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Toxic Shock Syndrome Following Influenza -- Oregon; Update on Influenza Activity -- United States

Oregon. A case of toxic shock syndrome (TSS) following influenza has been reported to CDC. On December 11, 1986, a 13-year-old white female with fever, hypotension, and acute respiratory failure was seen at an Oregon hospital. Pertinent findings on physical examination included a temperature of 39 C (102 F); blood pressure of 60/0; evidence of upper airway obstruction; and conjunctival, palatal, and lingual hyperemia. A chest radiograph at the time of admission showed a bilateral increase in lung markings consistent with a diagnosis of early adult respiratory distress syndrome.

During the 24 hours following admission, the patient developed a diffuse, erythematous, sunburn-like rash and watery diarrhea. She required both intravenous fluids and vasopressors for treatment of severe hypotension. A diagnosis of toxic shock syndrome was considered and was supported by laboratory findings of thrombocytopenia (70,000/mm((3))), renal insufficiency (creatinine level = 2.8 mg/dL, urea nitrogen level = 40 mg/dL), hypocalcemia (Ca = 5.9 mg/dL), and elevated levels of creatine kinase (12,000 U/L) and aspartate aminotransferase (367 U/L). Staphylococcus aureus was isolated from two tracheal aspirates obtained on the day of admission. Other studies, including vaginal cultures, blood cultures, and urine antigen testing, were negative for pathogenic organisms.

Although the patient's menstrual cycle had begun 6 days before admission, she had not used tampons or other intra-vaginal devices and was not sexually active. However, she had a history of a 4-day prodrome of an influenza-like illness consisting of fever (temperature =40 C (104 F)), malaise, myalgias, sore throat, and substernal chest discomfort.

The patient was discharged following a 10-day hospitalization. On a follow-up examination 20 days after admission, full thickness desquamation of the palms and soles was noted. Testing of acute- and convalescent-phase sera revealed a rise in hemagglutination-inhibition antibody titer to influenza A(H1N1) from 32 on December 13 to 1,024 at the time of her follow-up examination on December 31.

United States. Outbreaks of type A(H1N1) influenza activity are continuing. For the week ending January 31, six western states* and Puerto Rico reported widespread outbreaks of influenza-like illness, and 19 states** and the District of Columbia reported regional outbreaks of influenza-like illness. This is the sixth week with more than 20 states reporting outbreak activity. The level of current activity is below the peak of the previous winter when 37 states reported outbreaks for 1 week in February. Reported by M Brooks, MD, P Bennington, Northwest Kaiser Permanente, D McNeill, Oregon Public Health Laboratory, D Fleming, MD, LR Foster, MD, State Epidemiologist, State Health Div, Oregon Dept of Human Resources; State and Territorial Epidemiologists and State Laboratory Directors; Meningitis and Special Pathogens Br, Div of Bacterial Diseases, WHO Collaborating Center for Influenza, Influenza Br, Div of Viral Diseases, Center for Infectious Diseases, CDC.

Editorial Note

Editorial Note:This 13-year-old girl's illness meets the case definition for TSS (1), which is caused by toxin-producing S. aureus in a susceptible host. The temporal relation between the child's illness and menstruation is most likely coincidental since no S. aureus was isolated from the vagina. The S. aureus isolated from the tracheal aspirates is the most likely cause of TSS in this patient. TSS associated with S. aureus respiratory infections has been reported previously (2). TSS following influenza was first reported last year during an epidemic of influenza type B (3). This is the first case of TSS following influenza reported to CDC this year and the first case reported following influenza type A(H1N1).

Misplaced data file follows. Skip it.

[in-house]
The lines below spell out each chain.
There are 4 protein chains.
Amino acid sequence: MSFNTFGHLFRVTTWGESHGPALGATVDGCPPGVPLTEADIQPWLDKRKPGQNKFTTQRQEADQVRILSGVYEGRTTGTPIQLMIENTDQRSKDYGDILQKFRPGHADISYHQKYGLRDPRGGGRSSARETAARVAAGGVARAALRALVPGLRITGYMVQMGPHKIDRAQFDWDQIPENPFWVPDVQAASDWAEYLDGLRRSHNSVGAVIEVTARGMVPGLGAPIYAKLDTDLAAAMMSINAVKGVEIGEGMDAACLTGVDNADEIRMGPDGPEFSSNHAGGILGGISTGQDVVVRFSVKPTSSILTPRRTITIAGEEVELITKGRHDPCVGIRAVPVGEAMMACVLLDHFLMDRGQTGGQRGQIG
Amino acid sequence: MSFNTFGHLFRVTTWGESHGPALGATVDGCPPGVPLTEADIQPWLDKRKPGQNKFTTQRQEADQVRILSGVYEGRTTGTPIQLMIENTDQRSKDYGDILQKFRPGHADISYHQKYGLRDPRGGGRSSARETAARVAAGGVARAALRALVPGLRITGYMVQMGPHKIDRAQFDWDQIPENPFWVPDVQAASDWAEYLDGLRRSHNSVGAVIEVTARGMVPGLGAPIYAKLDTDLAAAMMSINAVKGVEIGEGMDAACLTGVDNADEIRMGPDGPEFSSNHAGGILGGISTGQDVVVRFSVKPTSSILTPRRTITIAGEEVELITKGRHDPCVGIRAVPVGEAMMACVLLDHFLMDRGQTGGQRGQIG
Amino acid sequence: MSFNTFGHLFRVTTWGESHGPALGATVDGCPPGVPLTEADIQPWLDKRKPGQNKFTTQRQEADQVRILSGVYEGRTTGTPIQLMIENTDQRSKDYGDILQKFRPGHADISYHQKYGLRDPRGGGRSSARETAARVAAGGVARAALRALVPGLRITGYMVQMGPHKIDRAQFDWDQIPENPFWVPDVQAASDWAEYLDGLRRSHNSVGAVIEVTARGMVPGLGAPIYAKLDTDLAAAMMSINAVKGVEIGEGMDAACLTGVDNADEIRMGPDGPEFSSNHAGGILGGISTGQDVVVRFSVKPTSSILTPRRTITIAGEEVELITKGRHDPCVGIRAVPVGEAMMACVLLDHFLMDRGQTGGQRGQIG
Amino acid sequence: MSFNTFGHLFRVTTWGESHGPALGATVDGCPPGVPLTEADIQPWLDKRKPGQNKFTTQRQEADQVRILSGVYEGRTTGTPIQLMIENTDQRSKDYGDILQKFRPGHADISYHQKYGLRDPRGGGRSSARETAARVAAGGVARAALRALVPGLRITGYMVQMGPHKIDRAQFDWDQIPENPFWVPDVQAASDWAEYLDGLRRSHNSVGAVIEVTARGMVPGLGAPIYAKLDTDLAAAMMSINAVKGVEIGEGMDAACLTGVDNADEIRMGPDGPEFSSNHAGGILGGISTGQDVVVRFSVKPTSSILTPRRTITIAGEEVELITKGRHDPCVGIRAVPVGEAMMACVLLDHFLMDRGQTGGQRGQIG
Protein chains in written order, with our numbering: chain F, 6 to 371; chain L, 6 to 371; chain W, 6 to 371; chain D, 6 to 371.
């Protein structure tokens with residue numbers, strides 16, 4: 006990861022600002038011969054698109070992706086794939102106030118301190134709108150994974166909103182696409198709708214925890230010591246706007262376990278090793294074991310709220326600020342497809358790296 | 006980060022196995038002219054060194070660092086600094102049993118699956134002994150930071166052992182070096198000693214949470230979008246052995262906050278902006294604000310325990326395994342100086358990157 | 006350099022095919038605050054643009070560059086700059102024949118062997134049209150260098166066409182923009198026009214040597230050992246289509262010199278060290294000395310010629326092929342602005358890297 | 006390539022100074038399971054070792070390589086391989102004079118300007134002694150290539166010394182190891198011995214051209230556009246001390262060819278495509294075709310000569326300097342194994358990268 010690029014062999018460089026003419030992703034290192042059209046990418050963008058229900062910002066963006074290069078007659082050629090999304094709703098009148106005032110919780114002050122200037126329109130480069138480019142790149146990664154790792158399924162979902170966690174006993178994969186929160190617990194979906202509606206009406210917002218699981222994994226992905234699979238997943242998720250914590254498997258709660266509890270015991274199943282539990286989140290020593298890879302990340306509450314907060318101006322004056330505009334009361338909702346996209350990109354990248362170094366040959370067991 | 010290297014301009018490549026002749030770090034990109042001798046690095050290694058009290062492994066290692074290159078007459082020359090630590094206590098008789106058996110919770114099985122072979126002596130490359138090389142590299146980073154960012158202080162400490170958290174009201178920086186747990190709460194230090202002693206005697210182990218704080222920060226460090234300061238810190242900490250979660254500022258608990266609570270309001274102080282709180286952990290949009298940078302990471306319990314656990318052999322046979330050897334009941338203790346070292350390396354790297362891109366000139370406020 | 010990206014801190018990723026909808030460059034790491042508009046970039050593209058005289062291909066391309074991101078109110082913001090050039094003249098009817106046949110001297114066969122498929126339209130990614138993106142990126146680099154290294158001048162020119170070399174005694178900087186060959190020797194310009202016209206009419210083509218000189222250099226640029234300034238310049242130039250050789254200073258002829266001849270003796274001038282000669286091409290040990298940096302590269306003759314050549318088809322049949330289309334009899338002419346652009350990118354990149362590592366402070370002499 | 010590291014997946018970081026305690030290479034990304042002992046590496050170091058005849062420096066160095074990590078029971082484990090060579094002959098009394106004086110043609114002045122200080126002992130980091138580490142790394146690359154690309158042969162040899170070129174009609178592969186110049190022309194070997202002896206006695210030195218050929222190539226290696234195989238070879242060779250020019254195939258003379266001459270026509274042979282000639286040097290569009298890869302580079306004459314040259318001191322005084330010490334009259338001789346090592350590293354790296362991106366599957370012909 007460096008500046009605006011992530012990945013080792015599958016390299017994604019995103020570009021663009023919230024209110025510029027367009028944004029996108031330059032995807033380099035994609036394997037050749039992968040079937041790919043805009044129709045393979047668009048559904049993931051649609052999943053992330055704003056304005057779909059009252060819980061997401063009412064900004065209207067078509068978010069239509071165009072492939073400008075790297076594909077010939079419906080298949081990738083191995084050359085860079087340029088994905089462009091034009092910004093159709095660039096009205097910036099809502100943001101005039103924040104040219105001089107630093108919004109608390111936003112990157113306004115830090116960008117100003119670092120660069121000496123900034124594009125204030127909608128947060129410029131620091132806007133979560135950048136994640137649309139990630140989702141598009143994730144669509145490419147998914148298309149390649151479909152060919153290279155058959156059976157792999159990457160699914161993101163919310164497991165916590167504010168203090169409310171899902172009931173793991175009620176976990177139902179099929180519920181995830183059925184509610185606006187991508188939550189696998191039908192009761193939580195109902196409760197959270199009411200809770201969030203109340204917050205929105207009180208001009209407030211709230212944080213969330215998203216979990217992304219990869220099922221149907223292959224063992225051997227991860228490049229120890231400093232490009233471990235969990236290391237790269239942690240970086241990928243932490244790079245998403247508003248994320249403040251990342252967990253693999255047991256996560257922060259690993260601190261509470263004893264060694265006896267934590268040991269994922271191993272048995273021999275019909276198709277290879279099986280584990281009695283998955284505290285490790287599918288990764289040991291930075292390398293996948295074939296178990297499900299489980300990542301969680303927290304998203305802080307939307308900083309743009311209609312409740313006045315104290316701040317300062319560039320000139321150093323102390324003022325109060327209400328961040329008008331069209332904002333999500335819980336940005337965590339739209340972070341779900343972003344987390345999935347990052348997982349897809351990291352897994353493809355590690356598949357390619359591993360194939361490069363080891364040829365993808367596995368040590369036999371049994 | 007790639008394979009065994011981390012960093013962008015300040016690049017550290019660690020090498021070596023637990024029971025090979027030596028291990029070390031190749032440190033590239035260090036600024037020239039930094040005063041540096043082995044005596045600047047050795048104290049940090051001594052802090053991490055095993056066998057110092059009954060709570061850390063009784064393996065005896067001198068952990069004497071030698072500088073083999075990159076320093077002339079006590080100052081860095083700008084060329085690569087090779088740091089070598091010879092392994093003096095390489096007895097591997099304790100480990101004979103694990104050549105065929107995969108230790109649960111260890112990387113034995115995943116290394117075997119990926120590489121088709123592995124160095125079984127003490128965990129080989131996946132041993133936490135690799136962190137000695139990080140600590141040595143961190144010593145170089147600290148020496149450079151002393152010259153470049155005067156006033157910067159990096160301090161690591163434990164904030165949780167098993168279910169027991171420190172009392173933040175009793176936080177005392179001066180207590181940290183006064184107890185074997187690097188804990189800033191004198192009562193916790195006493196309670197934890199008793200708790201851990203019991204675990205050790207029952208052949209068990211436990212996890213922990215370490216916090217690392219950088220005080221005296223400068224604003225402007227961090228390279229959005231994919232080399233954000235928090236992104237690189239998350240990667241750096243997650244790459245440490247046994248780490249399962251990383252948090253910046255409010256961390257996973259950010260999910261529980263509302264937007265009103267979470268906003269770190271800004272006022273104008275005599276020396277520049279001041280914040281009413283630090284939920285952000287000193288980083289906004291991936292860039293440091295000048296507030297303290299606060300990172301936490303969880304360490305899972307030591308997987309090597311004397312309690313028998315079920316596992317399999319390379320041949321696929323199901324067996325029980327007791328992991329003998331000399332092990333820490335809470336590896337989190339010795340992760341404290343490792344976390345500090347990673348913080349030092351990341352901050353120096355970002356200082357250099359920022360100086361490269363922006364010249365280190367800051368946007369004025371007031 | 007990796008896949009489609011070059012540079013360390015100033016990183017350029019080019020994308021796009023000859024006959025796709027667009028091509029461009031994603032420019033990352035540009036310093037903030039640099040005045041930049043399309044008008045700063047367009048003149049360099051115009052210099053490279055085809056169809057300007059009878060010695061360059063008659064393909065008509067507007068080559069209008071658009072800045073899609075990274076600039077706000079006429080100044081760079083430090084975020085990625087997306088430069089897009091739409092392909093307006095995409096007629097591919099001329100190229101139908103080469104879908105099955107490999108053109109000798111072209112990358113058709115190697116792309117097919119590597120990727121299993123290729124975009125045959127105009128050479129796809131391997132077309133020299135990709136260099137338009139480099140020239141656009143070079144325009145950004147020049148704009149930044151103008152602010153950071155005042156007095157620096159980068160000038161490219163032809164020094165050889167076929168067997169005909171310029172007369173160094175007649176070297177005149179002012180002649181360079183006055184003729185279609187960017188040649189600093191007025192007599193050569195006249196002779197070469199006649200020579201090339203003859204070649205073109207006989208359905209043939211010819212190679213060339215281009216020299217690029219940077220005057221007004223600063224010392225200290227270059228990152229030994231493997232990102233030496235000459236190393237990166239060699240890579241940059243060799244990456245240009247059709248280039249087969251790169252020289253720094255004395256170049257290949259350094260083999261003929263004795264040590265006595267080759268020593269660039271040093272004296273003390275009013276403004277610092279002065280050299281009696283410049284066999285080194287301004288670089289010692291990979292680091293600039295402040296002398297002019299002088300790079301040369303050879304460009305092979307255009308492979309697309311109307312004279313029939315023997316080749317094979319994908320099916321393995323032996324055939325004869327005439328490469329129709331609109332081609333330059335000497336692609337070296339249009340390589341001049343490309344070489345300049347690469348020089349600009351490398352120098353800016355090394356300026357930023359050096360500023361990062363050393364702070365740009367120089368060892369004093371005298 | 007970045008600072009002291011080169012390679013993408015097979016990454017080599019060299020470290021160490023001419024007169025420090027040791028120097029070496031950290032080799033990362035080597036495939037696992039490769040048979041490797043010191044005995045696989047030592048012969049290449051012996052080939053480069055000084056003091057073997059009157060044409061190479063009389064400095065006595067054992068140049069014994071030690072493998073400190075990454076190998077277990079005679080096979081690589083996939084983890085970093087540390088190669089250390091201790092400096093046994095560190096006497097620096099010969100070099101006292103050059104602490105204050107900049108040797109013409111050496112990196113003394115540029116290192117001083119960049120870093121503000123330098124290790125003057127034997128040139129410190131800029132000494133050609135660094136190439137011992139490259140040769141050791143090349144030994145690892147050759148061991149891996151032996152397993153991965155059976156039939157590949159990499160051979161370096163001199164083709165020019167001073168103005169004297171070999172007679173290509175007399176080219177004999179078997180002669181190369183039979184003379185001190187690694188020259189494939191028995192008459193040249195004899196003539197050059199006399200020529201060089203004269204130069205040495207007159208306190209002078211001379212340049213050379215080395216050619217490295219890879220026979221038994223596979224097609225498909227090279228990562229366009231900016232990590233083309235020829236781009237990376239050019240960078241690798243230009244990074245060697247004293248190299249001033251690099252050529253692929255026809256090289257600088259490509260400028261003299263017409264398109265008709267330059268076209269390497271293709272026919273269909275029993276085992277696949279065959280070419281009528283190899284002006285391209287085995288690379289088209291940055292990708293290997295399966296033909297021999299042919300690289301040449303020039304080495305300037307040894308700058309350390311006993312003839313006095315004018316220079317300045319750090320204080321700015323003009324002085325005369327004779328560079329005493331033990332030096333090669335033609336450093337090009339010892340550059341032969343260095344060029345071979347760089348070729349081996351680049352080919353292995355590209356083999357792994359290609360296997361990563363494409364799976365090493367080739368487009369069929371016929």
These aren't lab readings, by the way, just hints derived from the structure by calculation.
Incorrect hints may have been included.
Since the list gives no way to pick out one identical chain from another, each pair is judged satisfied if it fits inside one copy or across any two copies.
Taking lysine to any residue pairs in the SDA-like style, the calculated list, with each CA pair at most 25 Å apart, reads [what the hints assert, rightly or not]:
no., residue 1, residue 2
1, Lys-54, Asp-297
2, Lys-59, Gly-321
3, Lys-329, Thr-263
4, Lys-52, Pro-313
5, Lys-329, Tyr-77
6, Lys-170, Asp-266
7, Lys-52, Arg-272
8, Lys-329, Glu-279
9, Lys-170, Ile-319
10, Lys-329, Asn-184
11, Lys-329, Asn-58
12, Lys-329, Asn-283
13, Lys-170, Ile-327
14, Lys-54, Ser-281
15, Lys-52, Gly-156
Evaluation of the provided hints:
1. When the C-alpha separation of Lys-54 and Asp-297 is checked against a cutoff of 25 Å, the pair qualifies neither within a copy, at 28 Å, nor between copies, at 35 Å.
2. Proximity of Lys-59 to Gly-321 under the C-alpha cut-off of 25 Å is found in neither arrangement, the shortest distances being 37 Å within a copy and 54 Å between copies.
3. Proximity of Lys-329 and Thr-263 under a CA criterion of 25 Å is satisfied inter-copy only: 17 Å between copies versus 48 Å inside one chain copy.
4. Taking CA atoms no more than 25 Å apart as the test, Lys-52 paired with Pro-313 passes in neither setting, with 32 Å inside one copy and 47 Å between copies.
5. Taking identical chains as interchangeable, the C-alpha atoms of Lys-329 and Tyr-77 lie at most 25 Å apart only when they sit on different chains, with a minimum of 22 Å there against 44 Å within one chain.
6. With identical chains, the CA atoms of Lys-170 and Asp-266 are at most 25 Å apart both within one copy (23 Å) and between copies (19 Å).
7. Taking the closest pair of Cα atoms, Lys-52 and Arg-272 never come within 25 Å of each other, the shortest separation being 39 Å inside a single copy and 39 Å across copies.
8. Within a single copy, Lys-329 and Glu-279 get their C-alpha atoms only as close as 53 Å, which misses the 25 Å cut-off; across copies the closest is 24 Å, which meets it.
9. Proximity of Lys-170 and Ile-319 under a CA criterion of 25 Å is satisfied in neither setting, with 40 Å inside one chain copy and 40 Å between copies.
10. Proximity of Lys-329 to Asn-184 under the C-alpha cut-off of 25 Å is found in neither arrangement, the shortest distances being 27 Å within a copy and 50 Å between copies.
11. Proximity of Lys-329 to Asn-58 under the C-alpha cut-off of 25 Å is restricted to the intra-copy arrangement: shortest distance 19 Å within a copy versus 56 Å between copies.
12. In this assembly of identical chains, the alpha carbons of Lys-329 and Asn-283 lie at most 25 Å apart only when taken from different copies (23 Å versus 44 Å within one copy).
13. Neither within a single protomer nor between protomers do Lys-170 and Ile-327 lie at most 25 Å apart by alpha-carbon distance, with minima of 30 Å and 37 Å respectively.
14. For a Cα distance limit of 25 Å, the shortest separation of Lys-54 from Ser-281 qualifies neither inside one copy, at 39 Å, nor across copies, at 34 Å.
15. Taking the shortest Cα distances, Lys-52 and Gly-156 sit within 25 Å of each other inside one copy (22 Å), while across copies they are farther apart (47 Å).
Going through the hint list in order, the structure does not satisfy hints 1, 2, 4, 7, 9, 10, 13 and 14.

The occurrence of TSS following influenza may be coincidental, but S. aureus pneumonia as a complication of influenza is well documented (4,5). Physicians are encouraged to obtain cultures and serologies for influenza in cases of TSS following influenza-like illness or during influenza epidemics. Physicians who have seen patients with TSS following influenza-like illness are encouraged to report these cases through their local and state health departments to the Meningitis and Special Pathogens Branch, Division of Bacterial Diseases, Center for Infectious Diseases, CDC, Atlanta, Georgia 30333; telephone (404)329-3687.

References

  1. Chesney PJ, Davis JP, Purdy WK, Wand PJ, Chesney RW. Clinical manifestations of toxic shock syndrome. JAMA 1981;246:741-8.

  2. Wilkins EGL, Nye F, Roberts C, de Saxe M. Probable toxic shock syndrome with primary staphylococcal pneumonia. J Infect 1985;11:231-2.

  3. CDC. Toxic shock syndrome associated with influenza--Minnesota. MMWR 1986;35:143-4.

  4. Schwarzmann SW, Adler JL, Sullivan RJ Jr, Marine WM. Bacterial pneumonia during the Hong Kong influenza epidemic of 1968-1969: experience in a city-county hospital. Arch Intern Med 1971;127:1037-41.

  5. Loosli CG. Influenza and the interaction of viruses and bacteria in respiratory infections. Medicine 1973;52:369-84. *Alaska, Idaho, Oregon, Texas, Washington, and Wyoming. **Alabama, Arizona, Arkansas, California, Connecticut, Iowa, Kansas, Kentucky, Minnesota, Mississippi, Missouri, Nebraska, New Mexico, North Carolina, North Dakota, Pennsylvania, South Carolina, South Dakota, and Wisconsin.



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